Write Your Novel
Step By Step
Follow StoryWeaver's path of 200 interactive Story Cards from concept to completion of your novel or screenplay.
Every step of the way you'll know what you need to do and get examples of how to do it, continually evovling, expanding and improving your story.
You'll develop your story's world, who's in it, what happens to them, and what it all means.
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Today’s Most Popular Articles
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Author Archives: Melanie Anne Phillips
What is an Influence Character? It is the one who has an opposite philosophy, morality, or personal code to that of the Main Character. Over the course of a story, the Influence Character continually pressures the Main Character’s core beliefs, … Continue reading
From a structural standpoint, characters are just cogs in the machine. They have a job to do in the story as a protagonist, antagonist or any one of the functional roles that must be filled for the story to make … Continue reading
The Protagonist is one of the most misunderstood characters in a story’s structure. It is often assumed that this character is a typical “Hero” who is a good guy, the central character in the story, and the Main Character (the … Continue reading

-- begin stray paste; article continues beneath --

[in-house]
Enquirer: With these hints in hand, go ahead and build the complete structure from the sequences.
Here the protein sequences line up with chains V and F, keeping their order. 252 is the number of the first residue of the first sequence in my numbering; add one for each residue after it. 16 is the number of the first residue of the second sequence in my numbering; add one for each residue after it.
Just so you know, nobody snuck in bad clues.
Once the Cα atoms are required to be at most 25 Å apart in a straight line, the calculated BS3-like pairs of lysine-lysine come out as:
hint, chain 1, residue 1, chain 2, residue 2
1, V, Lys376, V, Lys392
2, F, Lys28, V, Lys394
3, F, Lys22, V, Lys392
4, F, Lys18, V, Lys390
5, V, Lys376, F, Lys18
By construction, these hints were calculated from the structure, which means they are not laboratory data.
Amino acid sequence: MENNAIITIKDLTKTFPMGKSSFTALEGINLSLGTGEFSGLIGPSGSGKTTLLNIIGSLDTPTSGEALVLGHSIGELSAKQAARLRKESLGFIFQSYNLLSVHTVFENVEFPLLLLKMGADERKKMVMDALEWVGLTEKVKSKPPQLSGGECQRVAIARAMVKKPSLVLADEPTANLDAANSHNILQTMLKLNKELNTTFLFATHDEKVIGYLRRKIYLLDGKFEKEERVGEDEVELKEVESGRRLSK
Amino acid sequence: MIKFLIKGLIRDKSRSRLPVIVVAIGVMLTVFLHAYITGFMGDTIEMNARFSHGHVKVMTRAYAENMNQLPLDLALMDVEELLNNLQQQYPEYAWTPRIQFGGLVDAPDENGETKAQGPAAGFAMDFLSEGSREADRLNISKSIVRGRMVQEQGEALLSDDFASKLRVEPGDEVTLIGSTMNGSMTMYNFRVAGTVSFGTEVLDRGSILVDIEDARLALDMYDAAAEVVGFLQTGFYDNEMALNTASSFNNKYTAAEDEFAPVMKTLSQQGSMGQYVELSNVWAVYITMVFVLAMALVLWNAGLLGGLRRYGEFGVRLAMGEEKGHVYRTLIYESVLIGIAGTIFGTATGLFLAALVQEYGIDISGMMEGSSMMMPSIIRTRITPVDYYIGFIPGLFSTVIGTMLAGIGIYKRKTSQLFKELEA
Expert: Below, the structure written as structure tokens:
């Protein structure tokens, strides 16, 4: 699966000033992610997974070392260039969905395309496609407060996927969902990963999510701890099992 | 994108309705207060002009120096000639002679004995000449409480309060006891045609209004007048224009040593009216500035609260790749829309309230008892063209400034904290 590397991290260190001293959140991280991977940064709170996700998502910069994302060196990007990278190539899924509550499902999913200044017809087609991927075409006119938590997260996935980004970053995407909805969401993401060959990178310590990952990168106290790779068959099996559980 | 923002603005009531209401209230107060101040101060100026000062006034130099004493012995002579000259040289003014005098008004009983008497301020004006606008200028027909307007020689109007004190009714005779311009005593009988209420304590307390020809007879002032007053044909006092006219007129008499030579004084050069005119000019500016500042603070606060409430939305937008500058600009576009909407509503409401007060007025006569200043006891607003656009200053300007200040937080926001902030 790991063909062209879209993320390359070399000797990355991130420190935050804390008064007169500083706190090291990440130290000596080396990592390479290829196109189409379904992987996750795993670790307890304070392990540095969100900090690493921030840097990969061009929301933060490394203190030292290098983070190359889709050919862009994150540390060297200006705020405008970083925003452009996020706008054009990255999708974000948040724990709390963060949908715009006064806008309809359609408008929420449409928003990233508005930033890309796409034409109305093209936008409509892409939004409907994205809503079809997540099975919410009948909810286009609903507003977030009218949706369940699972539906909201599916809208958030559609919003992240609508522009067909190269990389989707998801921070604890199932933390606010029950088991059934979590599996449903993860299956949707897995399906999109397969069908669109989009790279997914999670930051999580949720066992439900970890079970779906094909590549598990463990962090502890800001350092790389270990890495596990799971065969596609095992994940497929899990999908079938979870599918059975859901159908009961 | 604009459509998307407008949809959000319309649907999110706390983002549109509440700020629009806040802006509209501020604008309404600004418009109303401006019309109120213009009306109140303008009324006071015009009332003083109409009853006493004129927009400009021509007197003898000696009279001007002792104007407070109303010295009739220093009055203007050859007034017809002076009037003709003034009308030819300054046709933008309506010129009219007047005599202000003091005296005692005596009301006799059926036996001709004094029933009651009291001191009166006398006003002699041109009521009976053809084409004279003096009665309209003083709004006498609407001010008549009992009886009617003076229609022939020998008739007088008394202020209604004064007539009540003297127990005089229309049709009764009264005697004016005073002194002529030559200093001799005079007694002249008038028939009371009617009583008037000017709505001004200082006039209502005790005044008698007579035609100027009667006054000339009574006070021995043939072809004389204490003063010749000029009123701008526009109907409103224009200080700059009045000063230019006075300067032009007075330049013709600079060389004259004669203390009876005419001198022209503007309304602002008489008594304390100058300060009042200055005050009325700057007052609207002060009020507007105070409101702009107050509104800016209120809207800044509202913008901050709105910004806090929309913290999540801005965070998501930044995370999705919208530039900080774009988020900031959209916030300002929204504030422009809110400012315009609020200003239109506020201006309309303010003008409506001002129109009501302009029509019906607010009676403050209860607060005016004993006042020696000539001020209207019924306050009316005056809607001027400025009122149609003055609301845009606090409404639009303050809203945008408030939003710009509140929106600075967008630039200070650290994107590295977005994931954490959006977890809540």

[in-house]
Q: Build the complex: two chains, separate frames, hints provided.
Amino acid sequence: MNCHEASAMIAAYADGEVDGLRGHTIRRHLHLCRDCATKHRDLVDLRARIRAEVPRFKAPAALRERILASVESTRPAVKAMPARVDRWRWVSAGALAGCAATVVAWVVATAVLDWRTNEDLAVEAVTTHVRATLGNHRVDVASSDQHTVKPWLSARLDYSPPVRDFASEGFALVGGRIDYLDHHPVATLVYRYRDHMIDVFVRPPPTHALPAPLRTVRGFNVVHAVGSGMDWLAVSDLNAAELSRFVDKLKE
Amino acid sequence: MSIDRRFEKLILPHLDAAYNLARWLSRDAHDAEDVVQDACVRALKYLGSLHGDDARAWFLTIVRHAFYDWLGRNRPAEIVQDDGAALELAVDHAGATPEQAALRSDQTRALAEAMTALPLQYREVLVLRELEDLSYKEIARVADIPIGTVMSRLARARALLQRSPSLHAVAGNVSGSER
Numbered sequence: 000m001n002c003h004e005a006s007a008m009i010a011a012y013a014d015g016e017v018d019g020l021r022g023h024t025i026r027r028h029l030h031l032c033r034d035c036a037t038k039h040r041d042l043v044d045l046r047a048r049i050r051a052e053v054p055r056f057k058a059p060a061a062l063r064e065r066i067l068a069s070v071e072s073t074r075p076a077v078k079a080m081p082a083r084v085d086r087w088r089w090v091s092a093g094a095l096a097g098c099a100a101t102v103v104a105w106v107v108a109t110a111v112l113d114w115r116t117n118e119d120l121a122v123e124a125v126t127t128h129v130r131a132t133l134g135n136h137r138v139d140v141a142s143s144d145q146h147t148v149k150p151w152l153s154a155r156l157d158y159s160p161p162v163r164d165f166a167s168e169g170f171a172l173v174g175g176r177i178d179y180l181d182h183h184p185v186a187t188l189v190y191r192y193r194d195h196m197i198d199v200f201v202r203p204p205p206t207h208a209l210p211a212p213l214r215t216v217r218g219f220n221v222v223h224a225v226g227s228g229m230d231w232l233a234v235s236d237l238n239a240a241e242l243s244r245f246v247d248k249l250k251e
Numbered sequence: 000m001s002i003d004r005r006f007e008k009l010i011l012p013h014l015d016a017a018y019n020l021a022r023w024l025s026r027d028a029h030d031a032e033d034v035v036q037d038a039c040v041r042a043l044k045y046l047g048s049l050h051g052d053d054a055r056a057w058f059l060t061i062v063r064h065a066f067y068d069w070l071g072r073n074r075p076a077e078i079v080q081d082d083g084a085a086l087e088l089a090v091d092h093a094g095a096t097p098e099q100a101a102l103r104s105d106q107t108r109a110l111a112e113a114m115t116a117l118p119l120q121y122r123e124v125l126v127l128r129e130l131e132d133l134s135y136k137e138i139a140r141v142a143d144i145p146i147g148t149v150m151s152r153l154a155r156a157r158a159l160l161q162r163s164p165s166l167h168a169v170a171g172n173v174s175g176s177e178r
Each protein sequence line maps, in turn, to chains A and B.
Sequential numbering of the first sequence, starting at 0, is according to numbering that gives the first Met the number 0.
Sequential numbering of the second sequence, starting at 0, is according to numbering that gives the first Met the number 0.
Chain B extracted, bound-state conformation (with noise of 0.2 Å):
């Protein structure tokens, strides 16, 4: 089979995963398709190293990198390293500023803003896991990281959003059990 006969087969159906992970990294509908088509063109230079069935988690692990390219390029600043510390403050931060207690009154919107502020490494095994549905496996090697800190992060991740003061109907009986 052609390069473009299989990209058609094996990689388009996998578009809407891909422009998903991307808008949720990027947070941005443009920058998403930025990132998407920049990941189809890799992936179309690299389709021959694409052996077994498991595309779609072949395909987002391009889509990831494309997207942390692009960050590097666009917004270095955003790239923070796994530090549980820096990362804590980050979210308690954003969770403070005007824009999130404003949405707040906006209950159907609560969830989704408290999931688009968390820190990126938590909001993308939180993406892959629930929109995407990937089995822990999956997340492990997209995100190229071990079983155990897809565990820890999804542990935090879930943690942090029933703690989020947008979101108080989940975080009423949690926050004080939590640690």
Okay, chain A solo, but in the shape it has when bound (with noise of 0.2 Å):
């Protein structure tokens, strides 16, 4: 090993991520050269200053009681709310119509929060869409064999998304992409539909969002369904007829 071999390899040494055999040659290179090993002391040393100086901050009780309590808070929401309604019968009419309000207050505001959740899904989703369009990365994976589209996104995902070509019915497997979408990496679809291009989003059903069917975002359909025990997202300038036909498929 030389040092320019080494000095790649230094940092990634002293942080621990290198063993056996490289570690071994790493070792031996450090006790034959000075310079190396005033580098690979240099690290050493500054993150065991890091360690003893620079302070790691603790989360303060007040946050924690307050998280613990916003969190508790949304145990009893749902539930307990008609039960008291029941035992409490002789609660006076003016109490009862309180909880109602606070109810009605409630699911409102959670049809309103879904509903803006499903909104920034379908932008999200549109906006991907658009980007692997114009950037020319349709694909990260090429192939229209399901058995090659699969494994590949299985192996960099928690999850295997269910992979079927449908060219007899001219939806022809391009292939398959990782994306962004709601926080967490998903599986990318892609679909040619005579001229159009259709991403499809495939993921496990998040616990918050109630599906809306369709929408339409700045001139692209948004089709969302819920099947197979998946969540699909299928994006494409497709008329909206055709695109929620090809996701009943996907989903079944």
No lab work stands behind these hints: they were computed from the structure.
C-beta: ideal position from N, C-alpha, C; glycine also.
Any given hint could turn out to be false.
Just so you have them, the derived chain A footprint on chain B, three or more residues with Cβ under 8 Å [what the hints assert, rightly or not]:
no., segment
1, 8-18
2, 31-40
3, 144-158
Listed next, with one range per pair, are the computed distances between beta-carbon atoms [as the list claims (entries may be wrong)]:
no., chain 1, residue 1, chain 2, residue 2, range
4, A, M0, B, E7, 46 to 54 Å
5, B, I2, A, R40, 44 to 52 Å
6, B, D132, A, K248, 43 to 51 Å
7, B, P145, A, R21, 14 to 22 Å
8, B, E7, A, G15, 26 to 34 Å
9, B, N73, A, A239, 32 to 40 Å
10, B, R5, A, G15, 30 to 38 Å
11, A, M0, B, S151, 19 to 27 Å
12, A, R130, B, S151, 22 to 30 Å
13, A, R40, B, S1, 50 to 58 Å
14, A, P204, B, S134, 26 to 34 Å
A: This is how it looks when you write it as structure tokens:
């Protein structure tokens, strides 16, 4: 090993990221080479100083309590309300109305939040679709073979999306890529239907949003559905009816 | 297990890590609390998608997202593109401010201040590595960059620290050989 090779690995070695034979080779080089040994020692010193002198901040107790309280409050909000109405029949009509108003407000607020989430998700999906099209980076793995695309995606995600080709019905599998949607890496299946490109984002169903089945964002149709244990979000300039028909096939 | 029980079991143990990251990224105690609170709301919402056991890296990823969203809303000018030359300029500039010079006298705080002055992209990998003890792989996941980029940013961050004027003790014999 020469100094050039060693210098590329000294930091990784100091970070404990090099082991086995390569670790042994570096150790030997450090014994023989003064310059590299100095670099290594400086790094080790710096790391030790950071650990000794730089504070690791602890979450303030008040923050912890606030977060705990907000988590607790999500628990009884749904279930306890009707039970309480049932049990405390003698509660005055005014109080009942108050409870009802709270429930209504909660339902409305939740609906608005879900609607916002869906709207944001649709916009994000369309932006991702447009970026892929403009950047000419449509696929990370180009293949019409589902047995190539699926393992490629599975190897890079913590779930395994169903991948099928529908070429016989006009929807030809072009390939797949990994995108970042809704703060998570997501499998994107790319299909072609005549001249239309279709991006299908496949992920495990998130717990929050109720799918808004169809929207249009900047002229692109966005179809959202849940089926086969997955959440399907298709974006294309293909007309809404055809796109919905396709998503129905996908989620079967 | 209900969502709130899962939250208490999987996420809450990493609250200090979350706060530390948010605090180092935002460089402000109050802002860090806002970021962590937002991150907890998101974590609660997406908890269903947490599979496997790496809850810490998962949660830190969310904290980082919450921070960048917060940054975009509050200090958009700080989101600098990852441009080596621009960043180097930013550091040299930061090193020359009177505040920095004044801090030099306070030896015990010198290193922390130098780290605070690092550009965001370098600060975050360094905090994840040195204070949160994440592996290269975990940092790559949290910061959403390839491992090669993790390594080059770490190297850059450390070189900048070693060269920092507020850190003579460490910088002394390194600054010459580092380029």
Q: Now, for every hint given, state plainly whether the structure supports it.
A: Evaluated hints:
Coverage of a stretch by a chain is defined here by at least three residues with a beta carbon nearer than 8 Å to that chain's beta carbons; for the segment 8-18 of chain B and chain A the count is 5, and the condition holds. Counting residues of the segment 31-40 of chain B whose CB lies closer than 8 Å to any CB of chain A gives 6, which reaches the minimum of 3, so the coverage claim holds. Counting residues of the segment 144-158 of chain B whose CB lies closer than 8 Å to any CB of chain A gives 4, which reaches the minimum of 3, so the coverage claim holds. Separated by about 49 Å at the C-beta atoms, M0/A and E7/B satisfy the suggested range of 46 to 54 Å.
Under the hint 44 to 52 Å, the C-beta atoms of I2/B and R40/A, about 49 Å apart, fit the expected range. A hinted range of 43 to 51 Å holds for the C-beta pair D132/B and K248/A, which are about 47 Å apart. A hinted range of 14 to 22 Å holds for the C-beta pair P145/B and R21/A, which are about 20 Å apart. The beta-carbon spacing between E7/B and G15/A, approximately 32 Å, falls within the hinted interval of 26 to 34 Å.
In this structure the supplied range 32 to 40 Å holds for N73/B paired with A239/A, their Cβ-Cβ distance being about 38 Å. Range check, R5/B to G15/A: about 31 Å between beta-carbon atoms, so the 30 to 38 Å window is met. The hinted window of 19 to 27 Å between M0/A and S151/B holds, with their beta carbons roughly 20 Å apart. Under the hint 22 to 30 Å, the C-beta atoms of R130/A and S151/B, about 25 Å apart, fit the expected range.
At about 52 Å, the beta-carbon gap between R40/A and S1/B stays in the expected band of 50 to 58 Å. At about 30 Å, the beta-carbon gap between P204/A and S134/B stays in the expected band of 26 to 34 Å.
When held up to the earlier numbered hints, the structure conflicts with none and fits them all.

The protagonist and antagonist may not be who you think they are. For one thing, a protagonist is not necessarily the hero of a story. Structurally speaking, the protagonist is the one who shakes up the status quo – that’s … Continue reading
At the core of a story’s message is a very simple issue – whether the author is telling us it is better to be like the main character or not. This is usually thought of as the moral of the story and … Continue reading
Having a core concept for your story before you write will provide you with a creative beacon – a lighthouse by which to guide your creative efforts so they stay on course to your ultimate purpose: a completed novel. While … Continue reading
One of the most powerful opportunities of the novel format is the ability to describe what a character is thinking. In movies or stage plays (with exceptions) you must show what the character is thinking through action and/or dialog. But … Continue reading
Over the course of the story, your reader/audience has come to know your characters and to feel for them. The story doesn’t end when your characters and their relationships reach a climax. Rather, the reader/audience will want to know the … Continue reading
When a child comes up with a false reason for some small transgression, we know he is just making an excuse to avoid punishment or to side-step a negative emotional response. Adults continue to make excuses; they just do it … Continue reading